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Universal Gravitation Sir Isaac Newton 1642-1727 Terrestrial Celestial.

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Presentation on theme: "Universal Gravitation Sir Isaac Newton 1642-1727 Terrestrial Celestial."— Presentation transcript:

1 Universal Gravitation Sir Isaac Newton 1642-1727 Terrestrial Celestial

2 F = G m 1 m 2 /r 2 For any two masses in the universe: G = a constant later evaluated by Cavendish +F -F r m1m1 m2m2 UNIVERSAL GRAVITATION

3 CAVENDISH: MEASURED G Modern value: G = 6.674*10 -11 Nm 2 /kg 2

4 Two people pass in a hall. Find the gravitational force between them. l m 1 = m 2 = 70 kg l r = 1 m m1m1 m2m2 r F = (6.67 x 10 -11 N-m 2 /kg 2 )(70 kg)(70 kg)/(1 m) 2 F = 3.3 x 10 -7 N

5 Earth-Moon Force l Mass of Earth: 5.97 x 10 24 kg l Mass of Moon: 7.35 x 10 22 kg l Earth-Moon Distance: 3.84 x 10 8 m l What is the force between the earth and the moon? F = (6.67 x 10 -11 N m 2 / kg 2 )(5.97x10 24 kg)(7.35x10 22 )/(3.84x10 8 ) 2 1.98 x 10 20 N

6 Practice l What is the gravitational force of attraction between a 100 kg football player on the earth and the earth?

7 Definition of Weight l The weight of an object is the gravitational force the earth exerts on the object. çWeight = GM E m/R E 2 l Weight can also be expressed çWeight = mg l Combining these expressions çmg = GM E m/R E 2 »R E = 6.37*10 6 m = 6370 km »M E = 5.97 x 10 24 kg çg = GM E /R E 2 = 9.8 m/s 2 l The value of the gravitational field strength (g) on any celestial body can be determined by using the above formula.

8 Apparent Weight is the normal support force. In an inertial (non-accelerating) frame of reference F N = F G What is the weight of a 70 kg astronaut in a satellite with an orbital radius of 1.3 x 10 7 m? Weight = GMm/r 2 Using: G = 6.67 x 10 -11 N-m 2 /kg 2 and M = 5.98 x 10 24 kg Weight = 165 N What is the astronaut’s apparent weight? The astronaut is in uniform circular motion about Earth. The net force on the astronaut is the gravitational force. The normal force is 0. The astronaut’s apparent weight is 0. Apparent Weight Apparent Weightlessness Spring scale measures normal force

9 Tides l F G by moon on A > F G by moon on B l F G by moon on B > F G by moon on C l Earth-Moon distance: 385,000 km which is about 60 earth radii l Sun also produces tides, but it is a smaller effect due to greater Earth-Sun distance. ç1.5 x 10 8 km Different distances to moon is dominant cause of earth’s tides High high tides; low low tides Low high tides; high low tides Spring Tides Neap Tides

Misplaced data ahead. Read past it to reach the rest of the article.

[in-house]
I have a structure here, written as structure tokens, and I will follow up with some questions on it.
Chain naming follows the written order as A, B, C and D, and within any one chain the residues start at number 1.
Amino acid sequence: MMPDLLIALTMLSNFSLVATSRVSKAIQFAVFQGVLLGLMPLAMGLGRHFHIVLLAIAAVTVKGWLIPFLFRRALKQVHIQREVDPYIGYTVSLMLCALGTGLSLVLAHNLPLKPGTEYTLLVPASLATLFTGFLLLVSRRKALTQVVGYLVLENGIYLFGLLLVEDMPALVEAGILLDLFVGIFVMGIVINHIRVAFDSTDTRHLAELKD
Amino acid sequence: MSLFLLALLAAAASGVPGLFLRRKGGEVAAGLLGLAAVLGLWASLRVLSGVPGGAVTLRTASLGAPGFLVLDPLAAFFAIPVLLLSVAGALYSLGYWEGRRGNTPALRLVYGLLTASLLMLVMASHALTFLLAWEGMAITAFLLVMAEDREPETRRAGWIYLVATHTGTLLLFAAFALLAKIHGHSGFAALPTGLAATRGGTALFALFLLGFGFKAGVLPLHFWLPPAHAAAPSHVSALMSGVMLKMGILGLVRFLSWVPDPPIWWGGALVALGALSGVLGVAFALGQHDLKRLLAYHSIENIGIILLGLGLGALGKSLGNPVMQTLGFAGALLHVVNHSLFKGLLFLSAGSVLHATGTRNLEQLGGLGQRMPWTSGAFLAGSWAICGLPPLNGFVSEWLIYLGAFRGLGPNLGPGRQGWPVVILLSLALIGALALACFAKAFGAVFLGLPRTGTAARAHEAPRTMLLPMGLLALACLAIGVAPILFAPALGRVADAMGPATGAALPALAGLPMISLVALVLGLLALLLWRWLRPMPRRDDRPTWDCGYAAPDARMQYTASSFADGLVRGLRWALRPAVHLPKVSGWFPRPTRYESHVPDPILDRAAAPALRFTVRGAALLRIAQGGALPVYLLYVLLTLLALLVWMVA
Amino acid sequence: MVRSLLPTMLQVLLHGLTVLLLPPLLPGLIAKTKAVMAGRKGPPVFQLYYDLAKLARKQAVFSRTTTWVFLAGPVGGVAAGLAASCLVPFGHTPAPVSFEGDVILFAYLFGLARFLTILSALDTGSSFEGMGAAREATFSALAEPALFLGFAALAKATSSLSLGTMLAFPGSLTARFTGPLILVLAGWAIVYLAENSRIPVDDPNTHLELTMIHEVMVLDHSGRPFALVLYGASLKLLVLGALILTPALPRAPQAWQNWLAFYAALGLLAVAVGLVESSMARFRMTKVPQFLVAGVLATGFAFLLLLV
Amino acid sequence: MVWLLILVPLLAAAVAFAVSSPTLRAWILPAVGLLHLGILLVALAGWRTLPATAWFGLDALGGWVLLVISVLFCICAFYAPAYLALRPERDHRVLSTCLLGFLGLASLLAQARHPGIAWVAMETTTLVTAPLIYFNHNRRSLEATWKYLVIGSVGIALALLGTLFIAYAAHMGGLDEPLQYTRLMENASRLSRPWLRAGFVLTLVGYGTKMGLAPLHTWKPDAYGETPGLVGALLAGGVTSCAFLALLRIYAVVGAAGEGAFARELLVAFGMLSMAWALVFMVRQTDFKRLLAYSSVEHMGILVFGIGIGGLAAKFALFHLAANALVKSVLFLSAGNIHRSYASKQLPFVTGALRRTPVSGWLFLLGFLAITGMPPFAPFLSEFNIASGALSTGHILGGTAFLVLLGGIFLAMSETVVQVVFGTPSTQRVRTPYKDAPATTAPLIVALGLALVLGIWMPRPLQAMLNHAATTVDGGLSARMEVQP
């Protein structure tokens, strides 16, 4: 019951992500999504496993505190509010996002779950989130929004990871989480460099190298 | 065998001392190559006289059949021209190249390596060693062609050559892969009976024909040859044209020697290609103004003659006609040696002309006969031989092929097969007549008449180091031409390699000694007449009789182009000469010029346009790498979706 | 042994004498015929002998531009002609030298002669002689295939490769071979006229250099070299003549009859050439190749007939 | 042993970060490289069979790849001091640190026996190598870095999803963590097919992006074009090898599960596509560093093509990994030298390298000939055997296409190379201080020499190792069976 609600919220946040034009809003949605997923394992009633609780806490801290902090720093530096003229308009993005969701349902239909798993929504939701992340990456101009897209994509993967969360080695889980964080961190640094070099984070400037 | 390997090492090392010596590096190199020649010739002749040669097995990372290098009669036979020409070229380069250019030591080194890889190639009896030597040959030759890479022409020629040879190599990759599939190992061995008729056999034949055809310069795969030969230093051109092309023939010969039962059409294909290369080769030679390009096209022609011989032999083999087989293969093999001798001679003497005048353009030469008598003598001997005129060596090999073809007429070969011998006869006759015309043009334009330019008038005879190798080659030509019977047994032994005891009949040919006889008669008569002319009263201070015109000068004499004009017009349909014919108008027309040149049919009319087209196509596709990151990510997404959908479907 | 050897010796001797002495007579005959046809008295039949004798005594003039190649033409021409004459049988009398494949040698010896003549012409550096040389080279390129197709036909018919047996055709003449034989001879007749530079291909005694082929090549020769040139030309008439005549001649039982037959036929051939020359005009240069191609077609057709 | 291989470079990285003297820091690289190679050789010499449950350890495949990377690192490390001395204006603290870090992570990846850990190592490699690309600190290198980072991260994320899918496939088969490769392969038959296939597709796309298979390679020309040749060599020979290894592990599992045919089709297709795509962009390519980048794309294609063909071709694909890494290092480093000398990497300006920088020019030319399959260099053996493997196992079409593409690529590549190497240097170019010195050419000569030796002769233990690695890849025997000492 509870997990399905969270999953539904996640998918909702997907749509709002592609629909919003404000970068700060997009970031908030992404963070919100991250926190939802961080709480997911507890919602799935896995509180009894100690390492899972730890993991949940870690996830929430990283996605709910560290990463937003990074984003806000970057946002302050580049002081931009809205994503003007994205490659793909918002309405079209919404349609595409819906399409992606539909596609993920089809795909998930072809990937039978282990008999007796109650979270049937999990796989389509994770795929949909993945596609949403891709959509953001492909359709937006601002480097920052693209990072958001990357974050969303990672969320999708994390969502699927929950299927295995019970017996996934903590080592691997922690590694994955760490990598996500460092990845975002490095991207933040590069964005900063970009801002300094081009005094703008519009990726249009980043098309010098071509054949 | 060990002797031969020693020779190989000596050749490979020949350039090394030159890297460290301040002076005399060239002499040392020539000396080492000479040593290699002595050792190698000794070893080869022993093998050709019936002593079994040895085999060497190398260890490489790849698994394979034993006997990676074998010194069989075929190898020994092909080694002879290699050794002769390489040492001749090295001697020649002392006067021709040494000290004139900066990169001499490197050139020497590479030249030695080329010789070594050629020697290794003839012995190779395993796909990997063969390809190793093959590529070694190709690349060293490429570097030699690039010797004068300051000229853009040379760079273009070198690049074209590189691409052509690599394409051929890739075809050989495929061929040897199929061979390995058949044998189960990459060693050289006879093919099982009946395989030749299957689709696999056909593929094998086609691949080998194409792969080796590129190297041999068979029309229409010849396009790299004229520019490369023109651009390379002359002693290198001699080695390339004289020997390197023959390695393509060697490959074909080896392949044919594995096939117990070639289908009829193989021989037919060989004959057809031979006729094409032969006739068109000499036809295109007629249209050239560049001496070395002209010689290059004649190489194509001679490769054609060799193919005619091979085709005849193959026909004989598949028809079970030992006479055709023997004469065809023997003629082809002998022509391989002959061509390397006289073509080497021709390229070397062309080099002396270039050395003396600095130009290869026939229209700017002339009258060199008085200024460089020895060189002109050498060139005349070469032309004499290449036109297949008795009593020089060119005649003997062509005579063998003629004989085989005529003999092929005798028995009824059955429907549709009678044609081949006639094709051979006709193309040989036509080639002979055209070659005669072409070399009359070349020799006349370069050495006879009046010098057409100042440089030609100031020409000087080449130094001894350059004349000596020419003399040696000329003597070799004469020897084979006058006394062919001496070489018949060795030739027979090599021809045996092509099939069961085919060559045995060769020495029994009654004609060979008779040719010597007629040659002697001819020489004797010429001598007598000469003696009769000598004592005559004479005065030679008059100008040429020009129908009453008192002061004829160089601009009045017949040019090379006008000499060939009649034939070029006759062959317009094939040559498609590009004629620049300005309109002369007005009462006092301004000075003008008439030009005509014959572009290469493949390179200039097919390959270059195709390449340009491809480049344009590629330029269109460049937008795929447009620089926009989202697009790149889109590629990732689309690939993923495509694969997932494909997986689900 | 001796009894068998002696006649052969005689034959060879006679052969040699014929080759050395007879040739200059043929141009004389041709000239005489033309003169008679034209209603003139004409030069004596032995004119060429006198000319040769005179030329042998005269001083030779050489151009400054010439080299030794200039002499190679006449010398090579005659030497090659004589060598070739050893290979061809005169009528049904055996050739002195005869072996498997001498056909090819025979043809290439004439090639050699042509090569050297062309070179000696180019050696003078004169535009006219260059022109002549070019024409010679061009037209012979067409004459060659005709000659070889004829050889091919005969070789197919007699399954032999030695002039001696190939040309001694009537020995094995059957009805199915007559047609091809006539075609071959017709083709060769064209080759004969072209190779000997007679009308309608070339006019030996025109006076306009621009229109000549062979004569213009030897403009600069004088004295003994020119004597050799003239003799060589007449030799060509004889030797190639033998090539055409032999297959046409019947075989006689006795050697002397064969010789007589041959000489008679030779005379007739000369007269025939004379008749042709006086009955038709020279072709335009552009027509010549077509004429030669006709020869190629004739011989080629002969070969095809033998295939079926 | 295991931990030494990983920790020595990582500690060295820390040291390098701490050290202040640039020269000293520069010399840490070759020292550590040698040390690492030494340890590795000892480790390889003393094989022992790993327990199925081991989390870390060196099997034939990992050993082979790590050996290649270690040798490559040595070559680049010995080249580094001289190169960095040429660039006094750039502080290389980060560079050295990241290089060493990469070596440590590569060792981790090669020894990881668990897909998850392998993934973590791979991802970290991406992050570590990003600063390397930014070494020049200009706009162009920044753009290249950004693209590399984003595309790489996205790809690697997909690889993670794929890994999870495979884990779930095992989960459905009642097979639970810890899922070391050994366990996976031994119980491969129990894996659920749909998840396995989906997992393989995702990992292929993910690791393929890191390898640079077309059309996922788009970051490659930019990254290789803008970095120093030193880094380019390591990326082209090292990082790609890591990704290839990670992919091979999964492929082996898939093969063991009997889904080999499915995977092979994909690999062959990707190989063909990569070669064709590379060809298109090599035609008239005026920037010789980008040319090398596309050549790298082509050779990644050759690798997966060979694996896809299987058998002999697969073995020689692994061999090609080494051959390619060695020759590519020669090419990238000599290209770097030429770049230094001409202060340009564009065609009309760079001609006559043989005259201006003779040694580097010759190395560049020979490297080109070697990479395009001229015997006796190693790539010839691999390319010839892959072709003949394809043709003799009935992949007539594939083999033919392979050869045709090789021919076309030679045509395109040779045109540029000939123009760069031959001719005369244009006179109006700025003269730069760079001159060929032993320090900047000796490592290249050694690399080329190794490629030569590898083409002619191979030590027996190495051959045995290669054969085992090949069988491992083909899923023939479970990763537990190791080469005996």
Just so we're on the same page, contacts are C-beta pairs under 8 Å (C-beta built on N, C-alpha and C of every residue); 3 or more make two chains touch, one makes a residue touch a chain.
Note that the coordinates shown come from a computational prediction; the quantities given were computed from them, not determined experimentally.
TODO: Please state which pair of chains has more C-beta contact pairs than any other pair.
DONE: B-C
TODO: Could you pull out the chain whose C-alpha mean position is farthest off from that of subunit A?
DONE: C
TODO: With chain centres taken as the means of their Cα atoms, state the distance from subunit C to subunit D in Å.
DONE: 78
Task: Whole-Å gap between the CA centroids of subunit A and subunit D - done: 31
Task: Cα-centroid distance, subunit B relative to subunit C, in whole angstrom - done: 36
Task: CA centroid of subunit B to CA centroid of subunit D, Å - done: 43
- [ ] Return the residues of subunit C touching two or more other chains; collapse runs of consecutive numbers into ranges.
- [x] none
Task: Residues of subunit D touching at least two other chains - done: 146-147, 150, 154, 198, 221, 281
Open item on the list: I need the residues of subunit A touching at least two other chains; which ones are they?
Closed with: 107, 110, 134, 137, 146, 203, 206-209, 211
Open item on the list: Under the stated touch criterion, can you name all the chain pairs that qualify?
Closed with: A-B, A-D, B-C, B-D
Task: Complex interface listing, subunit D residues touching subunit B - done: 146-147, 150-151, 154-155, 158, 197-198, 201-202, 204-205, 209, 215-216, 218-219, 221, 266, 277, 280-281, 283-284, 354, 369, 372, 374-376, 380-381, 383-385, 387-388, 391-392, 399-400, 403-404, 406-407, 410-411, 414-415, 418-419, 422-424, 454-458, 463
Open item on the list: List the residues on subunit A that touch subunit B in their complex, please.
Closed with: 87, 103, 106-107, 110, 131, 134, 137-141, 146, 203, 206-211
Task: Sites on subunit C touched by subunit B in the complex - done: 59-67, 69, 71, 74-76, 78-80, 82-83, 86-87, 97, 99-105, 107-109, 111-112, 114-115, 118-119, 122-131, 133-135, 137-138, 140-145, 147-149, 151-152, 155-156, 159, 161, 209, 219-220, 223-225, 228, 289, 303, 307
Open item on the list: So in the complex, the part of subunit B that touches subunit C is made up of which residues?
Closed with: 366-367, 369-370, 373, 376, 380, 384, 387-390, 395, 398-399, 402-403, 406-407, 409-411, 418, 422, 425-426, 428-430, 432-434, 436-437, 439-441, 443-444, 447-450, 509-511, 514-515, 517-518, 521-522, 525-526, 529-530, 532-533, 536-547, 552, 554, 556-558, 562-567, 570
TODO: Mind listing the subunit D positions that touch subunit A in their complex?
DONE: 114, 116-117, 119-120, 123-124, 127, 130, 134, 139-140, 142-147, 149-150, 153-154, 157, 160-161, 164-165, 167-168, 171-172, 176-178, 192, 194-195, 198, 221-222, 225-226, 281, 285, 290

10 Tide Animation l

11 Satellite Motion The net force on the satellite is the gravitational force. F net = F G Assuming a circular orbit: ma c = GmM e /r 2 For low orbits (few hundred km up) this turns out to be about 8 km/s = 17000 mph Note that the satellite mass cancels out. m MeMe r Using

12 TRMM Tropical Rainfall Measuring Mission l The TRMM orbit is circular and is at an altitude of 218 nautical miles (350 km) and an inclination of 35 degrees to the Equator. l The spacecraft takes about 91 minutes to complete one orbit around the Earth. This orbit allows for as much coverage of the tropics and extraction of rainfall data over the 24-hour day (16 orbits) as possible.

13 Geosynchronous Satellite r = 42,000 km = 26,000 mi In order to remain above the same point on the surface of the earth, what must be the period of the satellite’s orbit? What orbital radius is required? T = 24 hr = 86,400 s Using Actually the theoretical derivation of Kepler’s Third Law

14 A Colorful Character l Highly accurate data l Gave his data to Kepler Copper/silver nose Lost nose in a duel

15 Kepler’s First Law l The orbit of a planet/comet about the Sun is an ellipse with the Sun's center of mass at one focus Johannes Kepler 1571-1630 Other focus is the empty focus PF 1 + PF 2 = 2a perihelion aphelion A comet falls into a small elliptical orbit after a “brush” with Jupiter

16 Orbital Eccentricities eccentricity = c/a or distance between foci divided by length of major axis

17 Kepler’s Second Law l Law of Equal Areas l A line joining a planet/comet and the Sun sweeps out equal areas in equal intervals of time

18 Kepler’s Third Law T 2 = K R av 3 T 2 = [4  2 /GM]r 3 Square of any planet's orbital period (sidereal) is proportional to cube of its mean distance (semi-major axis) from Sun Recall from a previous slide the derivation of R av = (R a + R p )/2 from F net = F G PlanetT (yr)R (AU)T2T2 R3R3 Mercury0.240.390.06 Venus0.620.720.390.37 Earth1.00 Mars1.881.523.533.51 Jupiter11.95.20142141 Saturn29.59.54870868 K for our sun as the primary is 1 yr 2 /AU 3 K = 4  2 /GM The value of K for an orbital system depends on the mass of the primary

19 HALLEY’S COMET He observed it in 1682, predicting that, if it obeyed Kepler’s laws, it would return in 1759. When it did, (after Halley’s death) it was regarded as a triumph of Newton’s laws.

20 DISCOVERY OF NEW PLANETS Small departures from elliptical orbits occur due to the gravitational forces of other planets. Deviations in the orbit of Uranus led two astronomers to predict the position of another unobserved planet. This is how Neptune was added to the Solar System in 1846. Deviations in the orbits of Uranus and Neptune led to the discovery of Pluto in 1930

21 Newton Universal Gravitation l Three laws of motion and law of gravitation l eccentric orbits of comets çcause of tides and their variations çthe precession of the earth’s axis çthe perturbation of the motion of the moon by gravity of the sun l Solved most known problems of astronomy and terrestrial physics çWork of Galileo, Copernicus and Kepler unified. Galileo Galili 1564-1642 Nicholaus Copernicus 1473-1543 Johannes Kepler 1571-1630

22 Simulations & Videos l l l l

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